Commodity markets are gripped by coking coal fever for the second time in 12 months.
Prices are surging higher, boosted by news of supply disruptions to Queensland coking coal production caused by cyclone Debbie last week.
Damage to railway lines servicing these mines is expected to take weeks to fix, whipping up a speculative frenzy nearly as fierce as the winds brought by Debbie.
Spot and swap prices have bounced strongly this week, and now Dalian coking coal futures are following suit, surging limit-up 9% upon the resumption of trade following a four-day long weekend.
They can’t go any higher, at least in the current session.
Traders literally can’t get enough of the black stuff, perhaps taking their cues from the enormous rally in the second half of last year that saw prices more than triple within the space of months.
Now, like then, the price surge has been driven by concerns that supply disruptions will cause scarcity in seaborne markets. Queensland, after all, accounts for around half of total seaborne supply.
While many believe prices are likely to head higher — the recent price action says it all — does the damage caused to railway infrastructure really justify the recent bout of investor enthusiasm?
Tom Price and Brendan Fitzpatrick, equity analysts at Morgan Stanley, believe there’s plenty of reason for caution.
“Are you getting lots of calls on this Queensland flood event? Are people telling you that ‘hey, now’s the time for met-coal’? Have noticed that recently dead equities are now being flagged as having ‘plenty of upside’?,” the pair wrote in a note on Tuesday.
“Yep, time for some perspective.”
Price and Fitzpatrick have been crunching the numbers on what supply disruption of around five weeks will mean, suggesting that anywhere between 13 to 19 million tonnes could be lost.
They note that this is around 4-6% of total global traded supply, a level that the pair deem justifiable to cause a lift in prices.
That’s obviously already happened, with the move continuing today, but does that mean it will be sustained?
Price and Fitzptrick suggest that there’s a lot of moving parts to this story, but the case for even higher prices depends on nothing else on the supply and demand-side of the equation changing, in their opinion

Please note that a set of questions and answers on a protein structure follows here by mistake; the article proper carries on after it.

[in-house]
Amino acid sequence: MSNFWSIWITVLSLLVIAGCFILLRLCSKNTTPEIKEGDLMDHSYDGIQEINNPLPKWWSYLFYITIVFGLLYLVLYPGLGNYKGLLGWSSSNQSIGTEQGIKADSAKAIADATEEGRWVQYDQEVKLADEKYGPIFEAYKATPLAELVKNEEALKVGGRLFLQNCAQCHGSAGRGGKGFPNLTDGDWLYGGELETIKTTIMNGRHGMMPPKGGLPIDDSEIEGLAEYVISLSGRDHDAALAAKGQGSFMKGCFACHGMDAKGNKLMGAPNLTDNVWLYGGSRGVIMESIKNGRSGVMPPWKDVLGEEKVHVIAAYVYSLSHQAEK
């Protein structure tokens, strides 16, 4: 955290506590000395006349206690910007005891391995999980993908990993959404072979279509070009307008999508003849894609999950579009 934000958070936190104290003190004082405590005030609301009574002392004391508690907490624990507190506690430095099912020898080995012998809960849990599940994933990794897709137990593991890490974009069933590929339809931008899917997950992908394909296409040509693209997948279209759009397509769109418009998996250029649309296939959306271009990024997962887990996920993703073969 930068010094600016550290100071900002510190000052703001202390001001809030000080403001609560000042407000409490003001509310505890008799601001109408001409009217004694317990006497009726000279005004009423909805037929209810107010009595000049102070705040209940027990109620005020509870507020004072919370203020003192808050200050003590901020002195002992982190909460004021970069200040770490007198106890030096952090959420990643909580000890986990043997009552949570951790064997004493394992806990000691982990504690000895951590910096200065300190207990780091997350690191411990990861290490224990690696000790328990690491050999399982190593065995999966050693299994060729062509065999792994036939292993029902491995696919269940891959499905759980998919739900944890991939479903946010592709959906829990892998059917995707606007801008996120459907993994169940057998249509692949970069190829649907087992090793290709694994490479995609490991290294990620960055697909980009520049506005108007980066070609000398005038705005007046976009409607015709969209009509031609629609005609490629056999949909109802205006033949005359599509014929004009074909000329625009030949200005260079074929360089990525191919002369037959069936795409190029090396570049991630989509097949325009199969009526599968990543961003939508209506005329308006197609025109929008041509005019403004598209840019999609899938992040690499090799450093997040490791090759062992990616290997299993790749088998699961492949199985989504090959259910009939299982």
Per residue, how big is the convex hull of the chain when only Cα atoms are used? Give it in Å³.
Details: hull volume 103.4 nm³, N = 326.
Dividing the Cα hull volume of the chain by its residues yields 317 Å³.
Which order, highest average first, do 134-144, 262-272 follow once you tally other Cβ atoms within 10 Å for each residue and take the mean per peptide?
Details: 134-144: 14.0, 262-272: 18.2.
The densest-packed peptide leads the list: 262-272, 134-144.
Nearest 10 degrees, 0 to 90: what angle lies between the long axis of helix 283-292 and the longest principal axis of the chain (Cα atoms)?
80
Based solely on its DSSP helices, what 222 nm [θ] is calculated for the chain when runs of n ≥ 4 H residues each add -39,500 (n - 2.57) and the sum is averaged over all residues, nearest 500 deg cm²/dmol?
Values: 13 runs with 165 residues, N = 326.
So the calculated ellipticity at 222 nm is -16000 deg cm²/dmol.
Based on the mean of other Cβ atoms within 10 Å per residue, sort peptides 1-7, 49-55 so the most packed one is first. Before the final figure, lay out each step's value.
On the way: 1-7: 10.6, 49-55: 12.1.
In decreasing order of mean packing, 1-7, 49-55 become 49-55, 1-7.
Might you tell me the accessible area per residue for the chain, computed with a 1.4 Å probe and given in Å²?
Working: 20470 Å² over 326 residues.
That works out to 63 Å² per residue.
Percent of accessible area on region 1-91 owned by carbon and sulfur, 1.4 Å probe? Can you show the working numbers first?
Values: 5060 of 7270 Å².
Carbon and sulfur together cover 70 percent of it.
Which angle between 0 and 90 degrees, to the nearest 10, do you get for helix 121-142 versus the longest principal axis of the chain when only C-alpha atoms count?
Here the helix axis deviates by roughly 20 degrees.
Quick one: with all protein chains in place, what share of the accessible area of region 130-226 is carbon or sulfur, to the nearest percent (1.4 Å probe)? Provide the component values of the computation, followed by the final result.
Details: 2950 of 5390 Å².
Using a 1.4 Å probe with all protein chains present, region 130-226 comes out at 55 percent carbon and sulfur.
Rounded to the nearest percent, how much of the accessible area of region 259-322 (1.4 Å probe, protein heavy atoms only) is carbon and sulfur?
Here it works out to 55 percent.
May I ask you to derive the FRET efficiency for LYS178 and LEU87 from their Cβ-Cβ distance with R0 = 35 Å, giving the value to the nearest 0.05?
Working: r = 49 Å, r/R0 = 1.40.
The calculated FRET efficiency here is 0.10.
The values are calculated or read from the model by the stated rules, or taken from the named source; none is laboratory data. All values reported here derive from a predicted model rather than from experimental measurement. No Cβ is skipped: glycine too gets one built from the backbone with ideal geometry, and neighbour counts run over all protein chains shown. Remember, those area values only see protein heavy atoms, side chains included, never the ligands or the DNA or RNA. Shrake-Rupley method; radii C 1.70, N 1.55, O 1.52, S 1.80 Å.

“There’s lots of other mostly-supply-side things changing at the moment,” they wrote. “In fact, its odd that most of the recently released industry specialists/media reports on Tropical Cyclone Debbie do not flag offsetting factors for metallurgical coal’s spot prices.”
They point out that “tropical cyclones don’t just randomly turn up in Queensland”, noting that they’re a wet season event which the industry prepares for by delivering lots of coal down the supply chain to ports in order to create a supply buffer.
Along with allowing for weather events, Price and Fitzptrick also say that Queensland’s wet season is now coming to an end, meaning that weather conditions are also likely to improve once repairs take place.
And, given the ability of mines to switch supply routes to unaffected railway infrastructure, they suggest that the supply recovery will be quicker than what markets expect.
Throw in the ability of other nation’s such as China and the United States to bring forward additional supply, and it explains why the pair aren’t getting caught up in the speculative frenzy seen in recent days.
“So are we suddenly metallurgical coal bulls? No, not really,” they muse.
“We’re actually still flat-to-bearish on the metallurgical coal price outlook.
“This is mostly short-term noise and the not the supply-side changing, so we’re not changing anything in our models or price forecasts.”